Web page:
public void Edit(Article article)
    {
        int index = _articles.FindIndex(item => item.id == article.id);
        _articles[index] = article;
    }
    public void Remove(int id)
    {
        int index = _articles.FindIndex(article => article.id == id);
        _articles.RemoveAt(index);
    }
}

Now, what’s left is to register our ArticleRepository in DI Container:

builder.Services.AddSingleton<ArticleRepository>();

Awesome! Now, we’ll modify our routes by injecting the repositories into them and modifying the response. (I will explain how to do this in detail on a POST request.)

app.MapPost("/article", (ArticleRepository repository, Article article) =>
{
    repository.Add(article);
    return Results.Created($"/article/{article.id}", article);
})
   .Produces<Article>(StatusCodes.Status201Created);;

Let’s break this down.

First, look into the parameters inside the delegate function:

  • repository – is injected from DI,
  • article – is taken from request’s body.

It’s worth noting that we can be explicit by using attributes so it would look like this:

[FromServices] ArticleRepository repository, [FromBody] Article article

Next, let’s look into the function’s body. Here, we use our repository to add an article to the collection and return a response with code 201, which means that the resource was created successfully.

Last but not least, after the mapPost function, using the fluent API, we’ve got the Produces<Article>(201) function, which enriches Swagger with information about the response. 

Now, we can jump into Swagger again, to check if everything is working as intended. If it does, it should look like in the example below:

minimal AP Is 3 0796de490d

This concludes the example part, but – to be honest – we’ve just scratched the surface of the topic. There are a lot of things that can be improved, like adding validation, or using MediatR instead of injecting the repository right into routes. But, I think that in the current form, it’s a great way to start things up. If you want to check the example and tinker around it yourself, you can find the solution here.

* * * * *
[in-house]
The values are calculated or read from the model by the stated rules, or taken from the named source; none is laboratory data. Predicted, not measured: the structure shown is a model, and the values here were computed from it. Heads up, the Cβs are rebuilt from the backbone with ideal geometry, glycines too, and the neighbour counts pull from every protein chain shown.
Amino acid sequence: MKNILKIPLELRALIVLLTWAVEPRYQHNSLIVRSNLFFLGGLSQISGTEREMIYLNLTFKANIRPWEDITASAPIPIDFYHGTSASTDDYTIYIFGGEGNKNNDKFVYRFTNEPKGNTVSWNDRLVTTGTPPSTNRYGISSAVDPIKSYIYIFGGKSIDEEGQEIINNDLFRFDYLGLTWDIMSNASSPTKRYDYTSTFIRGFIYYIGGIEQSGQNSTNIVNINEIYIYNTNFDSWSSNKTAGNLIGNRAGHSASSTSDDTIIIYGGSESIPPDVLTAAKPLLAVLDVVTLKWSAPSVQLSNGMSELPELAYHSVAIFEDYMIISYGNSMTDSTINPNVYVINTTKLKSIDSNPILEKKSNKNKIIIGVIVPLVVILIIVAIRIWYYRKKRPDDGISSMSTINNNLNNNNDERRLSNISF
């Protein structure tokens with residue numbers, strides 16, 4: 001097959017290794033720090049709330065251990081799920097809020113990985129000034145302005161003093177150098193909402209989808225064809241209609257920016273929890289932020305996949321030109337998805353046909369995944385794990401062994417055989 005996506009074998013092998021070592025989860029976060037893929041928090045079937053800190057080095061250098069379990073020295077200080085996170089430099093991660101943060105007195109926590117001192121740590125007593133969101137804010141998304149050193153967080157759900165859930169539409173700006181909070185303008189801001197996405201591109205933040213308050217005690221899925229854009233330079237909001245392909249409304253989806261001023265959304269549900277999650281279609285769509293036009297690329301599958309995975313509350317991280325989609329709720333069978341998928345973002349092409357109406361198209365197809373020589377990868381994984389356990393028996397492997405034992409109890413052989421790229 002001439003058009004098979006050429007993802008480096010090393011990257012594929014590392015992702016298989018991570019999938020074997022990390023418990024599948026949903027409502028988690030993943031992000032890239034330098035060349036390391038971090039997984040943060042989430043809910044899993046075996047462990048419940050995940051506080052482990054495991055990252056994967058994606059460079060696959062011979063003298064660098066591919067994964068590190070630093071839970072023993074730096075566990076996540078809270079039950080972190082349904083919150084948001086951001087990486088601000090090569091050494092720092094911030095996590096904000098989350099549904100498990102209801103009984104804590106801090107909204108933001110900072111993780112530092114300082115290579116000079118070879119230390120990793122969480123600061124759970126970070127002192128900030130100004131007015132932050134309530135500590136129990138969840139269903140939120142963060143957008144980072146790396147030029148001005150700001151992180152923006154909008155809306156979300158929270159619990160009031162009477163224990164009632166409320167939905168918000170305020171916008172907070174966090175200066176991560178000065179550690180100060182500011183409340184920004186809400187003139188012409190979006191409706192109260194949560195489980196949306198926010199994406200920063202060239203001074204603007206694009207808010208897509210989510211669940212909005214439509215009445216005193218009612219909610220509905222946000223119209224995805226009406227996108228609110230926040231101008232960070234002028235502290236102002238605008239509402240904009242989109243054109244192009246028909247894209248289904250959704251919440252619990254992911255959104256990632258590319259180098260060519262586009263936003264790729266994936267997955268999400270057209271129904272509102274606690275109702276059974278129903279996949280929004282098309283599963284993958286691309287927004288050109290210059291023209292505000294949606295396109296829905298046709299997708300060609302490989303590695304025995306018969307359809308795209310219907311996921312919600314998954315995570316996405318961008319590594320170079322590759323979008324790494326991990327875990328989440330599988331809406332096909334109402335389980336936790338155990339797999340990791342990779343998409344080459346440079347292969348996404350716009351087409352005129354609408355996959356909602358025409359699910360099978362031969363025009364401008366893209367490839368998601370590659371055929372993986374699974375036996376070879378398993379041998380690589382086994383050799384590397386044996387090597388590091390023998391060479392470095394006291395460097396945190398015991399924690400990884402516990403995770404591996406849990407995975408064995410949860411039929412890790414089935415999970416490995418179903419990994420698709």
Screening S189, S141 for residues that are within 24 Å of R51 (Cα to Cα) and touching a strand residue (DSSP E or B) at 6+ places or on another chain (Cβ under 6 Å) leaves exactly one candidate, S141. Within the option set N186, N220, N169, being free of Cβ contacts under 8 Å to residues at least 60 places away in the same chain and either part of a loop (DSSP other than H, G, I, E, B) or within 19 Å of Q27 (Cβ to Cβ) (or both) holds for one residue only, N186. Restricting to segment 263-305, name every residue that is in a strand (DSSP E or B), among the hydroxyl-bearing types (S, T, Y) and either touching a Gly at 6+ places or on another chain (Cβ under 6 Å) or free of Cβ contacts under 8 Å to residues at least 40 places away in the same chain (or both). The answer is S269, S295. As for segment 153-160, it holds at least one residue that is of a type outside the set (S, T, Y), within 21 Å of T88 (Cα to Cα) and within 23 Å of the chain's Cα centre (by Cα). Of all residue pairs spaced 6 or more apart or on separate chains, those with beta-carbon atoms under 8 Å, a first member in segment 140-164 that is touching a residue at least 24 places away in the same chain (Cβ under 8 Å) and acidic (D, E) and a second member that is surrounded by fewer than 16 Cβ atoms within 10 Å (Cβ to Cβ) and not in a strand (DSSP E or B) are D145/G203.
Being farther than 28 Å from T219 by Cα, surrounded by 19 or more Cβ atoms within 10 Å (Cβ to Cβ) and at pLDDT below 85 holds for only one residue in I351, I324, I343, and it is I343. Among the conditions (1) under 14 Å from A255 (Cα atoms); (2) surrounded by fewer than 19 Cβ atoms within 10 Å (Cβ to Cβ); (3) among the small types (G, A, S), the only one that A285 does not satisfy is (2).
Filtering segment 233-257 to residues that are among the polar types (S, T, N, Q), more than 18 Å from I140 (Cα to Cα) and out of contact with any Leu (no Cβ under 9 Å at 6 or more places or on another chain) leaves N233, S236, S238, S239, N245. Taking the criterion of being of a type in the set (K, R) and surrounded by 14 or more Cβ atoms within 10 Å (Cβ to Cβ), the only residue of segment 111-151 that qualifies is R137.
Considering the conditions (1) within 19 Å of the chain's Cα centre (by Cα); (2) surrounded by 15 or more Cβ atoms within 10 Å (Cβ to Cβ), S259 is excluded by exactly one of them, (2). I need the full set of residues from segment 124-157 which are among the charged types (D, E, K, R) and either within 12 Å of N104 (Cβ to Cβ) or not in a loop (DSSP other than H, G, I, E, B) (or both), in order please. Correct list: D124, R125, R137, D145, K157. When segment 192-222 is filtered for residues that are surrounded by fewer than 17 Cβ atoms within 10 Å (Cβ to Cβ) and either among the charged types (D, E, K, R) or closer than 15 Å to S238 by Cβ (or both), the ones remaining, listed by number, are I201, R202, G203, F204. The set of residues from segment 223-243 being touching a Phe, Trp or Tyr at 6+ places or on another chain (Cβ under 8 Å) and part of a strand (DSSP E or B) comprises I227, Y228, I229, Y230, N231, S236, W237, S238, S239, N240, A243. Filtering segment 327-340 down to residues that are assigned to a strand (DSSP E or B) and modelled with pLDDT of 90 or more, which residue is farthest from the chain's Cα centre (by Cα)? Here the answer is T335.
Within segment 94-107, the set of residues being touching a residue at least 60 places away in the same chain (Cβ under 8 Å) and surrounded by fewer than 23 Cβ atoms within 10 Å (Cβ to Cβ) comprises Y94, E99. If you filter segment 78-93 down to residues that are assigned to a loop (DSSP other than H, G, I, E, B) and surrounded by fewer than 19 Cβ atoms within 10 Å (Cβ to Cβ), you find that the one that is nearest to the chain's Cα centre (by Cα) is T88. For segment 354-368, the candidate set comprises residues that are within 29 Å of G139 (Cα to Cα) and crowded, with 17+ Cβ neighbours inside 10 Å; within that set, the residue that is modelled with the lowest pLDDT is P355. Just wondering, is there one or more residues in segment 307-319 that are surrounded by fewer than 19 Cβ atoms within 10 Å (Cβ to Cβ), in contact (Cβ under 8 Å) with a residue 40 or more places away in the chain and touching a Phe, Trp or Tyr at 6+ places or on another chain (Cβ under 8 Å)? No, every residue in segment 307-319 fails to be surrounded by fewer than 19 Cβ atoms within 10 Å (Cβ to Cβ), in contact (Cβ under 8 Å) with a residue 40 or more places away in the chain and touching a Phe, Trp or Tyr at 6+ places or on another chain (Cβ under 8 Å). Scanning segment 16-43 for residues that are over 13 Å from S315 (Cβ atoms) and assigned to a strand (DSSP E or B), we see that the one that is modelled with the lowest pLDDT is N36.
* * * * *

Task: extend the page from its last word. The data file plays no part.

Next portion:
Also, if you want to read more about Minimal APIs (in a really easy-to-digest form) I would highly recommend this David Fowler’s Github Gist

Minimal APIs – pros and cons

So now, after we’ve seen how they work in action, let’s answer the question about the advantages and disadvantages of the Minimal APIs.

Pros:

  • Easy to start, even for newcomers.
  • Less boilerplate means we can go straight to the point.
  • Great for prototyping and microservices.
  • More choices on how we want to build our APIs.
  • Better performance than the MVC because of less overhead.

Cons:

  • Compared to MVC, it may be harder to maintain as the project grows.
  • Project structure is not as obvious as in the MVC.
  • Some features from the standard MVC are missing.

Final thoughts on Minimal APIs

So should we be excited about the Minimal APIs? From my own viewpoint, yes – we should. It’s a step in the right direction, as it’s trying to reach a place dominated by Node.js. Also, it’s a good place to start for a newbie with minimal .NET knowledge, someone who wants to create a quick proof of concept example, or for someone just starting a new microservice project. 

Well, of course, there are disadvantages to this solution. One of the biggest concerns is the fact that everything can be in one place and it may lead up to a “big ball of mud”. However, it’s not like we are forced to put the entire code of the application into Progam.cs. We can simply move routes definition to other files, creating modules to slim out our main file. Projects like Carter may help with setting this out. 

But should we just abandon the old way? Should we just abandon the MVC? The answer is no, but the ability to choose the right tool that is more suitable for the problem we’re facing is certainly not a bad thing. Overall, I’m looking forward to seeing how Minimal APIs shape the future of building REST APIs using the .NET platform.

Rated: 5.0 / 2 opinions
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Bartłomiej Lindert

Software Developer specialized in .NET, who loves finding new ways of improving his code and expanding his knowledge. After work, Japanese culture and cycling fan.